Calling People 'Harijan' or 'Dhobi' Is Offensive: Supreme Court

The SC held that such terms "denote a caste" and these days are used "to intentionally insult and humiliate someone" and so constitute abuse.

In a landmark decision on Friday, the Supreme Court  set aside Patna high court’s decision to grant anticipatory bail to an accused facing charges under Section 3(1) of the Scheduled Castes and Scheduled Tribes (Prevention of Atrocities) Act, 1989 (SC/ST Act)

The case pertains to an incident in 2009 when some upper caste people assaulted a Dalit women who worked as a domestic helper in their house in Begusarai, Bihar. After ‘outraging her modesty’, the accused also allegedly abused the woman and her family members by calling them ‘harijans’ and ‘dhobis’. They also threatened her with dire consequences if she revealed the incident to anyone else.

After investigating the allegations, the police filed a closure report, but the chief judicial magistrate of Begusarai was dissatisfied with it, and in 2013, took cognisance of the offence, and proceedings were started against the accused under the relevant provisions of the Indian Penal Code as well as the SC/ST Act.

Thereafter,in 2014,  the high court granted anticipatory bail to the accused. The survivor and accuser in the case filed an appeal with the Supreme Court.

The Supreme Court drew attention to Section 18 of the SC/ST Act, which bars the application of Section 438 of the Code of Criminal Procedure (CrPC) – dealing with the granting of anticipatory bail – in any case involving the arrest of any person accused committing such an offence.

“The exclusion of Section 438 of the Code in connection with offences under the SC/ST Act has to be viewed in the context of the prevailing social conditions which give rise to such offences, and the apprehension that perpetrators of such atrocities are likely to threaten and intimidate their victims and prevent or obstruct them in the prosecution of these offenders, if the offenders are allowed to avail of anticipatory bail,” the Supreme Court bench, comprising justices R.K. Agrawal and Ashok Bhushan, reasoned in the judgment.

Relying on the Statement of Objects and Reasons of the SC/ST Act, the bench observed that calling a person “Harijan”, “dhobi” and so on nowadays counts as abusive and language and is offensive. “It is basically used nowadays not to denote a caste but to intentionally insult and humiliate someone. We, as a citizen of this country, should always keep one thing in our mind and heart that no people or community should be today insulted or looked down upon, and nobody’s feelings should be hurt”, the court held.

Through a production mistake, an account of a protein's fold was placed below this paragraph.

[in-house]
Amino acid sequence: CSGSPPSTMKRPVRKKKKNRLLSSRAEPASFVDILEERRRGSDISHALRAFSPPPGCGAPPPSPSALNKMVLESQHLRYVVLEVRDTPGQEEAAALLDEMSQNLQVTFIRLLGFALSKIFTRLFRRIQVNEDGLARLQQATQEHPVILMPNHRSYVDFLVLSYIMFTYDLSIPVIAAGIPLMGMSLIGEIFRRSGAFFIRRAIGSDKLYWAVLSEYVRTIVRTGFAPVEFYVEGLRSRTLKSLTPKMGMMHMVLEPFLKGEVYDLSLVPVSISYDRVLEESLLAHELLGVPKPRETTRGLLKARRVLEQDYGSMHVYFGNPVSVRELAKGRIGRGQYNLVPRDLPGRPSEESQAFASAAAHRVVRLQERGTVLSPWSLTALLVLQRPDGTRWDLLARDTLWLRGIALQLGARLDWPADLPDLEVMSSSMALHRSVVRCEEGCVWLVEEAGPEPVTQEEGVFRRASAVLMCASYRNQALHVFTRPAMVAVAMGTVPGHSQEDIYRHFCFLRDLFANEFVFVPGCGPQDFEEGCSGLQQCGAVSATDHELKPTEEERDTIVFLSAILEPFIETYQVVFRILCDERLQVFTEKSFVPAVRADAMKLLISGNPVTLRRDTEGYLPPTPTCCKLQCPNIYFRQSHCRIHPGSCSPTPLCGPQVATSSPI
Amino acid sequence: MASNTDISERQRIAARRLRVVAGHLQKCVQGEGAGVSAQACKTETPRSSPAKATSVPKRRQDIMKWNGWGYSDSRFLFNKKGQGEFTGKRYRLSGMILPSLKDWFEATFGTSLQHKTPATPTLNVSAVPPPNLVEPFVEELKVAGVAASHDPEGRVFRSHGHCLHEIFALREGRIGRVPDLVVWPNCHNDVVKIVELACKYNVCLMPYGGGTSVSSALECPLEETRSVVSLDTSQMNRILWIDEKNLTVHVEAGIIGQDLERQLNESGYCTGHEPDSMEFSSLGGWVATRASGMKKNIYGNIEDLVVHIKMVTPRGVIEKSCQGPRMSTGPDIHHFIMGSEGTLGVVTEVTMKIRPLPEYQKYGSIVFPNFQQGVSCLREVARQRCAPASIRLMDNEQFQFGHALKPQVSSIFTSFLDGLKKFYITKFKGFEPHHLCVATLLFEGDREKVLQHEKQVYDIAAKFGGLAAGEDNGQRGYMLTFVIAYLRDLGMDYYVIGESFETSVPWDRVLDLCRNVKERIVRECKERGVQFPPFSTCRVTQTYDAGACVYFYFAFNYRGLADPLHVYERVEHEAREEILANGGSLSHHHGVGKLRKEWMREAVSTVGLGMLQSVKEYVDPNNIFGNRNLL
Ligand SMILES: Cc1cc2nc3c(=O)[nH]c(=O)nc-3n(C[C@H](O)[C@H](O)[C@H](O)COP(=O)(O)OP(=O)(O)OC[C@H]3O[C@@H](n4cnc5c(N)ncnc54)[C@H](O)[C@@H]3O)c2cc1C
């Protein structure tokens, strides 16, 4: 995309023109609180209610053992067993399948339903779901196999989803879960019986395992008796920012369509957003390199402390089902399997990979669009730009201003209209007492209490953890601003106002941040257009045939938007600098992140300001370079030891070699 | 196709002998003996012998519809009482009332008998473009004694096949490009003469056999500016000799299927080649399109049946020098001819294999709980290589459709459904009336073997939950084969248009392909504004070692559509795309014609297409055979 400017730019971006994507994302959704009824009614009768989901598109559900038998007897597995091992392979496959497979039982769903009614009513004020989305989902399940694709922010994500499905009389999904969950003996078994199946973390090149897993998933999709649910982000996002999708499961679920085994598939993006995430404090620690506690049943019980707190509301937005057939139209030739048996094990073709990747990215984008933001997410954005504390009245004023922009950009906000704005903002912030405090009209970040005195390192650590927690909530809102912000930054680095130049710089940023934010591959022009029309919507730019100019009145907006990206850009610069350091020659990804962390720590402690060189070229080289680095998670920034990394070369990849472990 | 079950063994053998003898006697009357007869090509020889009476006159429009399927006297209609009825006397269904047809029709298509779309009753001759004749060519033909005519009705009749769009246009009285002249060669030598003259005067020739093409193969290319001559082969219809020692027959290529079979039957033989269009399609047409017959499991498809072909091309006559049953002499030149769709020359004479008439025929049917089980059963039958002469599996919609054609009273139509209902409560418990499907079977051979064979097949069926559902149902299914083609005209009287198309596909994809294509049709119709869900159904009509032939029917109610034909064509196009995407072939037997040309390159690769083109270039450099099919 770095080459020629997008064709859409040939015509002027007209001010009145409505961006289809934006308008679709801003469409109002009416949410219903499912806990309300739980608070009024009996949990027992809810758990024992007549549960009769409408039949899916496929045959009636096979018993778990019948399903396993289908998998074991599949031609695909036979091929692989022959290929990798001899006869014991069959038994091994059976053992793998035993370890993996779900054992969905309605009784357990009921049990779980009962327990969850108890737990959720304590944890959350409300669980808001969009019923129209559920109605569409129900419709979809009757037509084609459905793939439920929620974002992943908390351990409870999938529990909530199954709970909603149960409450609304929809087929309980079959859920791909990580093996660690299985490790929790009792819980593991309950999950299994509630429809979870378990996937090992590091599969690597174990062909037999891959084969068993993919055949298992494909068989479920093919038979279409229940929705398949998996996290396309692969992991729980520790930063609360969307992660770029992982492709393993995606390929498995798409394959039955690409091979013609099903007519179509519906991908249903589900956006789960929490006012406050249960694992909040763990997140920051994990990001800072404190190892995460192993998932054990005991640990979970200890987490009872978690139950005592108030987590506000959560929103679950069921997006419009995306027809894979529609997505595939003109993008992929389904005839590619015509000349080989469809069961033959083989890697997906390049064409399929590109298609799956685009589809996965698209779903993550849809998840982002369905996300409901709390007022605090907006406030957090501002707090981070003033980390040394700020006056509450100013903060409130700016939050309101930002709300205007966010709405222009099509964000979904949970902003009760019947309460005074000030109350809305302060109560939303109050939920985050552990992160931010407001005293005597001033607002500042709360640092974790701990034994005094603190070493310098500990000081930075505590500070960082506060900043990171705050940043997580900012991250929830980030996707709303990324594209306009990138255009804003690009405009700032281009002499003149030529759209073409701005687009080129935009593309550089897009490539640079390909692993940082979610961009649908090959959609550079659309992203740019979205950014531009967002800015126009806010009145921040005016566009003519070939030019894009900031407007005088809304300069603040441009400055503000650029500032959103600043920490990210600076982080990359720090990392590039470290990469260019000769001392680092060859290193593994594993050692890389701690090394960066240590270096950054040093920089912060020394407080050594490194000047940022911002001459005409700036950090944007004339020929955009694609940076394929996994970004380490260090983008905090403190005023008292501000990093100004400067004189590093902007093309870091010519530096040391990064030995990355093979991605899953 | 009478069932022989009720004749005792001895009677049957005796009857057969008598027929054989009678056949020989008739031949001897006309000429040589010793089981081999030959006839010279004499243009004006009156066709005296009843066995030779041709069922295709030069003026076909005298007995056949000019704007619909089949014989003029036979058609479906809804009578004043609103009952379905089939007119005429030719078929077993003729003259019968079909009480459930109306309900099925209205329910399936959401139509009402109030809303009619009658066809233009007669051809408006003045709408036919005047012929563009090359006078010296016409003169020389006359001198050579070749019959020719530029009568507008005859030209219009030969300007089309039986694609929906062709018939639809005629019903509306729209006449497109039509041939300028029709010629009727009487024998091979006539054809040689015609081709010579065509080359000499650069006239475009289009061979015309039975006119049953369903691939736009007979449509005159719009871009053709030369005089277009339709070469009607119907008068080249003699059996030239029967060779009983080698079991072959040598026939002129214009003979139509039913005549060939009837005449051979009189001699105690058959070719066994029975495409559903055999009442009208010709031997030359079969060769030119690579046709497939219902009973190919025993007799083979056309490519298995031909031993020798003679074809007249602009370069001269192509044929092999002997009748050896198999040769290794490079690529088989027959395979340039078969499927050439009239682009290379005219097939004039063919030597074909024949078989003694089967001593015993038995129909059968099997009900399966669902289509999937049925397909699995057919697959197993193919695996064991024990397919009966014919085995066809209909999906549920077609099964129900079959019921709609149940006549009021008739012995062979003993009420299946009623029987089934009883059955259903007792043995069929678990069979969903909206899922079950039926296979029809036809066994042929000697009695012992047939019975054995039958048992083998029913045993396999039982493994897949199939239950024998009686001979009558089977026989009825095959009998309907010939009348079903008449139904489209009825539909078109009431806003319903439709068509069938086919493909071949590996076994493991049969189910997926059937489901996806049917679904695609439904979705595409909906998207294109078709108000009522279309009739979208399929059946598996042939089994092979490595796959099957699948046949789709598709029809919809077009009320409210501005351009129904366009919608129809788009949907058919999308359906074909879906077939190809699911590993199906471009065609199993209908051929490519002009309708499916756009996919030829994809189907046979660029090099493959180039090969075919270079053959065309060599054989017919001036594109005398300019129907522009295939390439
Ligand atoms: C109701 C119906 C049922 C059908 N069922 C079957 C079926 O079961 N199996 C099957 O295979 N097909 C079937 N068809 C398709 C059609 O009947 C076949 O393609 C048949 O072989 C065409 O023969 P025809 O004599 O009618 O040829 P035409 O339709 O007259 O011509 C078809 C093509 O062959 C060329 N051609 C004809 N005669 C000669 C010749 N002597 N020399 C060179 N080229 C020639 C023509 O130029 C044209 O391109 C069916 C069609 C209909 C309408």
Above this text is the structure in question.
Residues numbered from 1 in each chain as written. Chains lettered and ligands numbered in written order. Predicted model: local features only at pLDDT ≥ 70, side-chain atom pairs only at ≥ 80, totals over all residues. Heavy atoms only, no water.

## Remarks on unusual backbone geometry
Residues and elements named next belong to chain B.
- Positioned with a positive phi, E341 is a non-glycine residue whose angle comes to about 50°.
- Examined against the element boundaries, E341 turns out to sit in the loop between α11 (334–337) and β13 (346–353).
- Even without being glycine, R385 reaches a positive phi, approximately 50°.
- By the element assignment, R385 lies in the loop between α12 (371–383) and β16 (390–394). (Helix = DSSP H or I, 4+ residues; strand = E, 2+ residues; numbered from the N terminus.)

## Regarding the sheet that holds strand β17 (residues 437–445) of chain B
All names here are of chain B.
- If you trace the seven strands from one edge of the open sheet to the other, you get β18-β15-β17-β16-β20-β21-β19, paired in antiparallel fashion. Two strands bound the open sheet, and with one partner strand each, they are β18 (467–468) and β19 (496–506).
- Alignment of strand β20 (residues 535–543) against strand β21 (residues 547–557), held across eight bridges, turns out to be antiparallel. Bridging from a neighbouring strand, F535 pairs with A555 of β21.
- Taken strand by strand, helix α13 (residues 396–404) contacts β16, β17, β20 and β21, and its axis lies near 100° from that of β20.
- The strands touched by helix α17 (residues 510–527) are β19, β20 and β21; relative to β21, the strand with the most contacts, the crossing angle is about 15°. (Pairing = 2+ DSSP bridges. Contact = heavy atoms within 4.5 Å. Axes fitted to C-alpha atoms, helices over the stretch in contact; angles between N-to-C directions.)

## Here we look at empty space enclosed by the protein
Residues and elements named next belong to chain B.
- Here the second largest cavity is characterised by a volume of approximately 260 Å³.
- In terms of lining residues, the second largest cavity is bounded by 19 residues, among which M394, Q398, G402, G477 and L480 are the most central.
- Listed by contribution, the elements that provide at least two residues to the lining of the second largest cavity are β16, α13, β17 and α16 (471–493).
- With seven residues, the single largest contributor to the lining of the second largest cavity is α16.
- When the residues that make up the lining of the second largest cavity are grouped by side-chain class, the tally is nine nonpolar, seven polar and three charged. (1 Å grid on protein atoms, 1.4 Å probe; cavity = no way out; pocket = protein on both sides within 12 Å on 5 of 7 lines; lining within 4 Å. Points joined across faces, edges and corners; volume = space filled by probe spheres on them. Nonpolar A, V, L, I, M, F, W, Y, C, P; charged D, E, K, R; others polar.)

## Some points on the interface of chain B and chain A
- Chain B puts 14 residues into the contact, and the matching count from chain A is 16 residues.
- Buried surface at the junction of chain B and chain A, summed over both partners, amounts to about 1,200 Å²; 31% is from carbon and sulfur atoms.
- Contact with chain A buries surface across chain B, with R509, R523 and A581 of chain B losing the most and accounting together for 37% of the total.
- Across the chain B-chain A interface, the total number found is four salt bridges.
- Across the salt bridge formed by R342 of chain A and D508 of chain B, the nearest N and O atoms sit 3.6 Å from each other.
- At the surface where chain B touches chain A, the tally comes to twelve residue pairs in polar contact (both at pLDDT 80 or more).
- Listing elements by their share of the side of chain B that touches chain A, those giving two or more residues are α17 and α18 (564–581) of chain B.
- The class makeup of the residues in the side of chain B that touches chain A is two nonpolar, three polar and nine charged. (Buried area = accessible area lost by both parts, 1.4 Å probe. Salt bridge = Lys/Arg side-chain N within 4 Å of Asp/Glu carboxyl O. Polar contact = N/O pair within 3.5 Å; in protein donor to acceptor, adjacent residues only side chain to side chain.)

The Supreme Court further held that the offences enumerated under Section 3 of the SC/ST Act constitute a separate class, and cannot be compared with offences under the Indian Penal Code, for which anticipatory bail can be granted. The offences enumerated under Section 3 of the SC/ST Act are offences which, to say the least, denigrate members of Scheduled Castes and Scheduled Tribes in the eyes of society and prevent them from leading a life of dignity and self-respect, the bench explained. “Such offences are committed to humiliate and subjugate members of the Scheduled Castes and Scheduled Tribes with a view to keeping them in a state of servitude,” the bench further added.

“A victim of molestation and indignation is in the same position, as an injured witness and her testimony should receive the same weight,” the bench held, while pointing out that Section 3(1)(xi) of the SC/ST Act, which deals with assaults or use of force to any woman belonging to a Scheduled Caste or Scheduled Tribe with the intent to dishonour or outrage her modesty is an aggravated form of the offence.

“The high court has committed grave error in granting anticipatory bail to the respondents”, the Supreme Court held, while setting aside the Patna high court’s 2014 order granting anticipatory bail to the accused.

The Supreme Court has directed the accused to surrender before the appropriate court and seek regular bail within four weeks.